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Tech Tally: Approaches to Assessing Technological Literacy be of interest not only to the institutions themselves but also to the publics they serve, funders, policy makers, and the education research community. Content The three dimensions of technological literacy, as described in Technically Speaking, could provide a reasonable starting point for determining content relevant to an assessment of this population. The ITEA standards also should be consulted, particularly standards related to the nature of technology. To a great extent, however, the content of the assessment would be determined by the specific technology or technology-related concerns at issue. That is, just as a student assessment should be aligned with relevant standards and curriculum, an assessment of visitors to an informal-education institution should be aligned with the subject matter and goals of the program or exhibit. In situations where the assessment involves a hands-on or design component, assessment developers could use a rubric for judging design-process skills. The model developed by Custer et al. (2001) might be useful here. Performance Levels Assessments of visitors to informal-learning institutions would be most useful for identifying a spectrum of technological literacy rather than specific levels of literacy. Changes in the spectrum, for example, movement—up or down—of the entire curve or changes in the shape of the curve, would provide valuable information. Correlations among the three dimensions and with attitudes would be of special interest. Does a high level of knowledge correlate with critical thinking and decision making? with attitudes? How are capabilities related to knowledge and attitudes? Does literacy in one aspect of technology translate to literacy in other areas? These are just a few of the questions that could be answered. Administration and Logistics Many informal-learning institutions are open 300 days a year or more, including weekends; thus, there would be fewer constraints on content selection and assessment methodologies than for formal-education settings, such as classrooms, where time, space, and trained

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Tech Tally: Approaches to Assessing Technological Literacy staff are all at a premium. Practically all testing methods would work for this population: interviews, multiple-choice questions, constructed-response items, performance items, and focus groups. Assessments could also measure changes in visitors’ understanding of technology or technology-related exhibits over time. Short-term understanding could be measured by pre- and post-visit surveys; long-term understanding might be measured by e-mail or telephone follow-up. A variety of methods could be used to enable museums and other institutions to compare the effects of different exhibit formats and content on specific measures of technological literacy (Miller, 2004b). Many informal-learning institutions routinely conduct visitor surveys for demographic and marketing purposes, and many also conduct extensive cognitive and affective visitor assessments for front-end, formative, and summative evaluations of exhibitions (Taylor and Serrell, 1991). Some larger institutions even have staff members or consultants capable of performing assessments of the type that could gauge technological literacy, although they rarely have the funds to carry out such assessments. Obstacles to Implementation Assessments should be conducted in ways that take into account potential sample bias. Obtaining a sample of visitors that represents the diversity—in income, education, and other factors—of the U.S. population as a whole would be difficult in the typical informal-learning setting. The population represented by visitors to these institutions is undoubtedly biased in favor of the science-attentive, as opposed to the science-“inattentive” (Miller, 1983b). In addition, compared to the population at large, patrons of science centers, zoos, and related institutions tend to have higher socioeconomic parameters, although institutions in urban areas attract more diverse patrons. For example, at the New York Hall of Science, in Queens, 38 percent to 68 percent of family visitors are non-Caucasian (depending on the season), probably because of the location of the institution and the diversity of the staff (Morley and Associates, unpublished). In any case, assessments should be conducted in ways that take into account potential sample bias. Pre-surveys might be used to identify those biases. Another potential obstacle to assessment in informal-learning institutions is the reluctance of visitors to take part in structured interviews, surveys, or focus groups. Given the relatively short duration of a typical visit, the desire of many patrons to move freely among exhibits of their choosing, and the fact that admission is usually paid, this reluctance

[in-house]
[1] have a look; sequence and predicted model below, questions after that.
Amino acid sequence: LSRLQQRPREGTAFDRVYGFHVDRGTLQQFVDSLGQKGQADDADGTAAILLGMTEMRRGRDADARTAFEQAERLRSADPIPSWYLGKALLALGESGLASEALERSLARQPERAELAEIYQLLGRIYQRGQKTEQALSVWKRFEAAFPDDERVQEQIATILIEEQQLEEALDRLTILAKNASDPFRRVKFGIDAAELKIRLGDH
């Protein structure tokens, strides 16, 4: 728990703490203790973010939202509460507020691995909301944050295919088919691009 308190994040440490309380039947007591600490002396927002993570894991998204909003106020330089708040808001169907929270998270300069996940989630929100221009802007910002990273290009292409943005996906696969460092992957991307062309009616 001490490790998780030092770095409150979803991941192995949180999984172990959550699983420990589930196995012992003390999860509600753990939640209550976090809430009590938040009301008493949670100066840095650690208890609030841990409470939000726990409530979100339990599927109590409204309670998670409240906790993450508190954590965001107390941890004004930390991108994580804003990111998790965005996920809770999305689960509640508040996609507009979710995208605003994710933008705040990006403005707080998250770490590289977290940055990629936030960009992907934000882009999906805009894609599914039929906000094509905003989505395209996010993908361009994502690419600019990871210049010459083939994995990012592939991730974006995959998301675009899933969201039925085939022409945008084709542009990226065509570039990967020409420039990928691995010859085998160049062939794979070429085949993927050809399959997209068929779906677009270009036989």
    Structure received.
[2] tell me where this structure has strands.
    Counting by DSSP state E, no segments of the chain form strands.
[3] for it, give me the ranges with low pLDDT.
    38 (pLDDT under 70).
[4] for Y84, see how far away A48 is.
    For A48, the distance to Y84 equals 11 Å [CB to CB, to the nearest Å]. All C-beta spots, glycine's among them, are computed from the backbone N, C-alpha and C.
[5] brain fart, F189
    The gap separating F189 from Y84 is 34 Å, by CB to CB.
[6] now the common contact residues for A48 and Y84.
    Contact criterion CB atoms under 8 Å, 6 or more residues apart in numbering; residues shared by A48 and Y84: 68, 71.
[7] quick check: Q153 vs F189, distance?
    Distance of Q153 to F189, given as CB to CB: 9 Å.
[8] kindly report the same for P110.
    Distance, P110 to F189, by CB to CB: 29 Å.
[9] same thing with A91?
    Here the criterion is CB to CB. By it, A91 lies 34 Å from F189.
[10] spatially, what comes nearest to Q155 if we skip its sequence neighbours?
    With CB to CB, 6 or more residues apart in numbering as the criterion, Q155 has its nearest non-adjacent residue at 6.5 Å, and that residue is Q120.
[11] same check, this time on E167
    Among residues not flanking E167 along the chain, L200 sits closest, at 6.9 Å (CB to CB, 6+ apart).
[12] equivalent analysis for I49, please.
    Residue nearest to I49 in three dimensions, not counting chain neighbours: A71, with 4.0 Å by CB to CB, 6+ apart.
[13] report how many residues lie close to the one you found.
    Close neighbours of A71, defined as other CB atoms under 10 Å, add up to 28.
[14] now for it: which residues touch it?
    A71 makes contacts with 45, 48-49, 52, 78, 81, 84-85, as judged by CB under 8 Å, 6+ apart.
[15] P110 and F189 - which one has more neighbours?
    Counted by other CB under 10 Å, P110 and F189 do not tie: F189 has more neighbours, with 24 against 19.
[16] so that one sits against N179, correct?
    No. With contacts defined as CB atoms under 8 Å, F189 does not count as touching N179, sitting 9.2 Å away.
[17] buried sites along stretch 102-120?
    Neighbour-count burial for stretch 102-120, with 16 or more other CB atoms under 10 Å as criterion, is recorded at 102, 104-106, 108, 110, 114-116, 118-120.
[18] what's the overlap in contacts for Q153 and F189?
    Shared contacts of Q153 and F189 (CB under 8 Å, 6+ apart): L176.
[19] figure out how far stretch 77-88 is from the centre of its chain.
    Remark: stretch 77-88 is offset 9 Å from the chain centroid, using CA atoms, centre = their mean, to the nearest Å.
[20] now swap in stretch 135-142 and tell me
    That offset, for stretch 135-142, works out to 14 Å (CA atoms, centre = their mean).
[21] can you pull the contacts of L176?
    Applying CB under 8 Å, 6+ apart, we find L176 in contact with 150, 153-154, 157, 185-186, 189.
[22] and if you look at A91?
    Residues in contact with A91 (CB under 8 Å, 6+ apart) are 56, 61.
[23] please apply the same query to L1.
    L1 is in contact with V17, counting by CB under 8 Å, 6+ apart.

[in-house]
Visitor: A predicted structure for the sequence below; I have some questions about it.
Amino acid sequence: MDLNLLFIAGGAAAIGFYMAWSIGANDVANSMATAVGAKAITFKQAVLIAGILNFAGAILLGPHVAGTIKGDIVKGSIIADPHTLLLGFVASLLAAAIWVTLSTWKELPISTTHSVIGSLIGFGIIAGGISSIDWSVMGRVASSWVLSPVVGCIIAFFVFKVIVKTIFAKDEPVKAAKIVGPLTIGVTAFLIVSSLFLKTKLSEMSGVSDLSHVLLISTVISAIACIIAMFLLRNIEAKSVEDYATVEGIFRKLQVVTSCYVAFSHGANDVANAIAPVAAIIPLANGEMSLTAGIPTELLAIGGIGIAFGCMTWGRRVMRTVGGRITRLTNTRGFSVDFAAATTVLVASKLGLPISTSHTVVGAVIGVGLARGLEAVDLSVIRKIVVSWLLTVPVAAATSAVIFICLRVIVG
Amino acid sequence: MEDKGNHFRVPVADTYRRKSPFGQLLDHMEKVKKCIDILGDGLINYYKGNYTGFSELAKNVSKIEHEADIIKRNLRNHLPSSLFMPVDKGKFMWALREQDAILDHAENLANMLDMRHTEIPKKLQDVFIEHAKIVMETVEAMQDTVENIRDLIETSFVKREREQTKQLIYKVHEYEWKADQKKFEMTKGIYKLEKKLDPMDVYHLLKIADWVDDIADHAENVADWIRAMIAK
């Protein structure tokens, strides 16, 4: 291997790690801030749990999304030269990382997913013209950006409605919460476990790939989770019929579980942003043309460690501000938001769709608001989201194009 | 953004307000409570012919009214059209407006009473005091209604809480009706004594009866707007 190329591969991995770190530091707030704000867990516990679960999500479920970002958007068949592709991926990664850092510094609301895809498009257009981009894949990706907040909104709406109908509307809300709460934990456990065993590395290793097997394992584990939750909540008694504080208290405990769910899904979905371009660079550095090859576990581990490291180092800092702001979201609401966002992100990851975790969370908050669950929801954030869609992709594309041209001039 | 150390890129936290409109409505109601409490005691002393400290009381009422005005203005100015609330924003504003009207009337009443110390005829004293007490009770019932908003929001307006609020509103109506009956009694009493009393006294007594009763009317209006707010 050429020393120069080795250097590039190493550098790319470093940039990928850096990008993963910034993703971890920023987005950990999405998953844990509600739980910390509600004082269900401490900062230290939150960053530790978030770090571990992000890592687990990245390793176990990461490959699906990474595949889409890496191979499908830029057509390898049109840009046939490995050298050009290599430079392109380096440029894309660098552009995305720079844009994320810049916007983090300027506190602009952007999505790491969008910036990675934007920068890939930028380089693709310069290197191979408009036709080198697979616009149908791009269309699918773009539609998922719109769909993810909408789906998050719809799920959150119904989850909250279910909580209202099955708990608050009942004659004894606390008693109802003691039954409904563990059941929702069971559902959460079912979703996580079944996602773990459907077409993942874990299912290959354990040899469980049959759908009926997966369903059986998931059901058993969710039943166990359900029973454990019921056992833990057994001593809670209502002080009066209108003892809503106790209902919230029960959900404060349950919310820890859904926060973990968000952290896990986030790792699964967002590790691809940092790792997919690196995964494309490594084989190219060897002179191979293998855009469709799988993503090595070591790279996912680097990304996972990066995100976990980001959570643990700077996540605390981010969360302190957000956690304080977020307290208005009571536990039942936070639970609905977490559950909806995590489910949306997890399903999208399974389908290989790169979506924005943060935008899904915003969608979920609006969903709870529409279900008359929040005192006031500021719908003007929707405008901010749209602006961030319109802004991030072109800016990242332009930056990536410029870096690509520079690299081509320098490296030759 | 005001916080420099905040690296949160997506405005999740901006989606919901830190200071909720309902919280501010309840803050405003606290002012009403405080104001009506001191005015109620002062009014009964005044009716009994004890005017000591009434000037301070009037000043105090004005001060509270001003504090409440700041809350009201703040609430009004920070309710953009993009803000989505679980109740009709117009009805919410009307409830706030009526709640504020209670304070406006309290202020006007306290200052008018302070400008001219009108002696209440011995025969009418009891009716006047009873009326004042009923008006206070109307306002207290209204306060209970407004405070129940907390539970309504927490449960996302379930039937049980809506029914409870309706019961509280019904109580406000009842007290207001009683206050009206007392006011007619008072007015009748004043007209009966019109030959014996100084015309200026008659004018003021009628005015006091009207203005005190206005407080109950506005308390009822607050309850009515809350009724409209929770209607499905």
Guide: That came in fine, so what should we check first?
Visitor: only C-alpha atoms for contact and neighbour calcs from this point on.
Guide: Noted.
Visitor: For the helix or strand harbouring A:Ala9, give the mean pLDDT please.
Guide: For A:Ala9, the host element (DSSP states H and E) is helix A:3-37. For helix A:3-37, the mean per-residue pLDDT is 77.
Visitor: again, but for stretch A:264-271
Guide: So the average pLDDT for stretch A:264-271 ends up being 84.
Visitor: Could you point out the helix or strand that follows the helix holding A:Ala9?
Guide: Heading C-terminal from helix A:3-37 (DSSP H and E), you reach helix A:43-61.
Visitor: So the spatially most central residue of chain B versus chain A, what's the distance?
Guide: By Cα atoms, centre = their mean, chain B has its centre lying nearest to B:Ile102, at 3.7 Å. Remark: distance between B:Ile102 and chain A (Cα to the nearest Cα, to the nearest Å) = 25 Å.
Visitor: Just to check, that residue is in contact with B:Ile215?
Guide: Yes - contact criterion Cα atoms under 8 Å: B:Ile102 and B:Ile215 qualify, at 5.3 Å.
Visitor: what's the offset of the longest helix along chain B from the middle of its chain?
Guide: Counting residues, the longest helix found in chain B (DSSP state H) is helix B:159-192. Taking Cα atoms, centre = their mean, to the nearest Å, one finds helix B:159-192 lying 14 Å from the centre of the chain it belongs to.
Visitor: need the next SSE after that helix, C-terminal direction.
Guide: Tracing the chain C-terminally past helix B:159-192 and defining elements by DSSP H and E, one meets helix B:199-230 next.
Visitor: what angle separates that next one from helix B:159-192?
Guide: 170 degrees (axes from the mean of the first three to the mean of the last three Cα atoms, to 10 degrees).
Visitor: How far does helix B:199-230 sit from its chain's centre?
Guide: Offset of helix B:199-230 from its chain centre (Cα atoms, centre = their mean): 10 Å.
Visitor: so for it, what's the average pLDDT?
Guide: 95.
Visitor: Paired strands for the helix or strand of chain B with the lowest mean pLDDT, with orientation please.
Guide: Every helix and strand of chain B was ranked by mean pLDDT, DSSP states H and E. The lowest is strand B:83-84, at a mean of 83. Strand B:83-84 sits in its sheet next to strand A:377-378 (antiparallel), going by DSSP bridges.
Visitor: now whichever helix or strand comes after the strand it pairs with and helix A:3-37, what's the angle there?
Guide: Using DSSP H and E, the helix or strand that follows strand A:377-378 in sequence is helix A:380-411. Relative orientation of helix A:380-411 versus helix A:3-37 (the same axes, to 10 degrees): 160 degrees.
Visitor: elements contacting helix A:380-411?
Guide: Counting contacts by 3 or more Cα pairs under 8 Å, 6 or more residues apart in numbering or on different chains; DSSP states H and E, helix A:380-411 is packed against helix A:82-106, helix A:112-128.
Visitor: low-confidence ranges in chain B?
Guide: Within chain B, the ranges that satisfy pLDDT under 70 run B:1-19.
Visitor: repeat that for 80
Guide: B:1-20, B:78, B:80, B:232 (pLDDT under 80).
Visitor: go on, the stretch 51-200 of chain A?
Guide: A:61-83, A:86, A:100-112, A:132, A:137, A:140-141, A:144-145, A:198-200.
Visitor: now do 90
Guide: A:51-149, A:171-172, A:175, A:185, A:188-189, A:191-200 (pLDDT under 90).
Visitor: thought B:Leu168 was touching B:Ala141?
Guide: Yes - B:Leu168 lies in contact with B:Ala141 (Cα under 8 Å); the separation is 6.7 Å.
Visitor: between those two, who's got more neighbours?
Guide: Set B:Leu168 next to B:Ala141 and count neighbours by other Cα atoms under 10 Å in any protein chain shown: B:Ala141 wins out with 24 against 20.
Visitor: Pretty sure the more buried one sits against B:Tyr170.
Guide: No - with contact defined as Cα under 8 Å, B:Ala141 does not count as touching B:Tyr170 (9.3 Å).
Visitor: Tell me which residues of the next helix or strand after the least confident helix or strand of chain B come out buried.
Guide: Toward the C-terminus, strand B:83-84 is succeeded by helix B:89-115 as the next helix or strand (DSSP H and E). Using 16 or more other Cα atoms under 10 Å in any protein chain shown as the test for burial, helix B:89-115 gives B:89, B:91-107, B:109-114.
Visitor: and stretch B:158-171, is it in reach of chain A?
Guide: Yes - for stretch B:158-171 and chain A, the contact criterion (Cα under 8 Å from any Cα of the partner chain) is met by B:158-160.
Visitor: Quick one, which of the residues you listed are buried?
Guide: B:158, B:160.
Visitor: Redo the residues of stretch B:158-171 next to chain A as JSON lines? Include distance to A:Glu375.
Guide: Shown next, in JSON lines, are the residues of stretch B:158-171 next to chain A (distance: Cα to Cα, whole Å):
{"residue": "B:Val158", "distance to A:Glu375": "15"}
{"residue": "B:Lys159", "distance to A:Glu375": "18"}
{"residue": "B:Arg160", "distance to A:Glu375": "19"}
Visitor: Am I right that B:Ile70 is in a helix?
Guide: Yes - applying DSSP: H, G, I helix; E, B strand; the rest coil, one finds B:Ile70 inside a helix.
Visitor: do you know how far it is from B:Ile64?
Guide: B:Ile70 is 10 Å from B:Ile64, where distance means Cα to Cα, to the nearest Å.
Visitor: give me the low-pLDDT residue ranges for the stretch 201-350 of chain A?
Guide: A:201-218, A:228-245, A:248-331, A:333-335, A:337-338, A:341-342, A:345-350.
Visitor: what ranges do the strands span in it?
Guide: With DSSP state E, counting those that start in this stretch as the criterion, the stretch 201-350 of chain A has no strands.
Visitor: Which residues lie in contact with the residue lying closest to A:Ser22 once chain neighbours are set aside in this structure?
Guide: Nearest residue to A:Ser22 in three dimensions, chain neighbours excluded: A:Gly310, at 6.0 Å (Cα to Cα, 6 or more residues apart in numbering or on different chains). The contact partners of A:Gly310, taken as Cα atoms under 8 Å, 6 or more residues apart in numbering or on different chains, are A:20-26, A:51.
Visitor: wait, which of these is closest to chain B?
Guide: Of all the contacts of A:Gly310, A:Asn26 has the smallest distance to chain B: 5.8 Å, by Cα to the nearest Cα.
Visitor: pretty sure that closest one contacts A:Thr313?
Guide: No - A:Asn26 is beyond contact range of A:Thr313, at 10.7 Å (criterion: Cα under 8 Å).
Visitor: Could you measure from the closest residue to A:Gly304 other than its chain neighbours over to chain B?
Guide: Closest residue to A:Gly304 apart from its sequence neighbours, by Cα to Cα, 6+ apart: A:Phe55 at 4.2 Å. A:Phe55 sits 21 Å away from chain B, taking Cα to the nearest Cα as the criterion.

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Tech Tally: Approaches to Assessing Technological Literacy is understandable. Offering incentives for participation, such as token gifts or free admission, may help to lower this barrier. Exhibit designs that build in opportunities for assessment might also be helpful. For example, assessment designers might consider using technologies that are portable (e.g., PDAs, electronic tablets) and can be programmed to select assessment items based on the visitor’s characteristics and physical location in an exhibit space. Sample Test Items10 Give an example of a type of technology you like. Give an example of a type of technology you don’t like. On a scale of 1 to 100, how much do you think technology affects people’s lives? On a scale of 1 to 100, how much of a role do you think people play in shaping the technologies we have and use? Give an example of how people like you and me shape technologies. Imagine that you work for Coca Cola or Pepsi and you are part of the team that came up with a new 20-ounce bottle. What steps did you go through? Imagine that you are an inventor, and a friend of yours asks you to think about an idea. What steps would you go through to work on this idea? Do you ever do things that involve creating or designing something, testing it, modifying how you do it, evaluating how someone uses it, and considering the consequences? Give an example. 10 Test items are adapted from a formative evaluation conducted for the Oregon Museum of Science and Industry by People, Places & Design Research, Northhampton, Mass. Used with permission.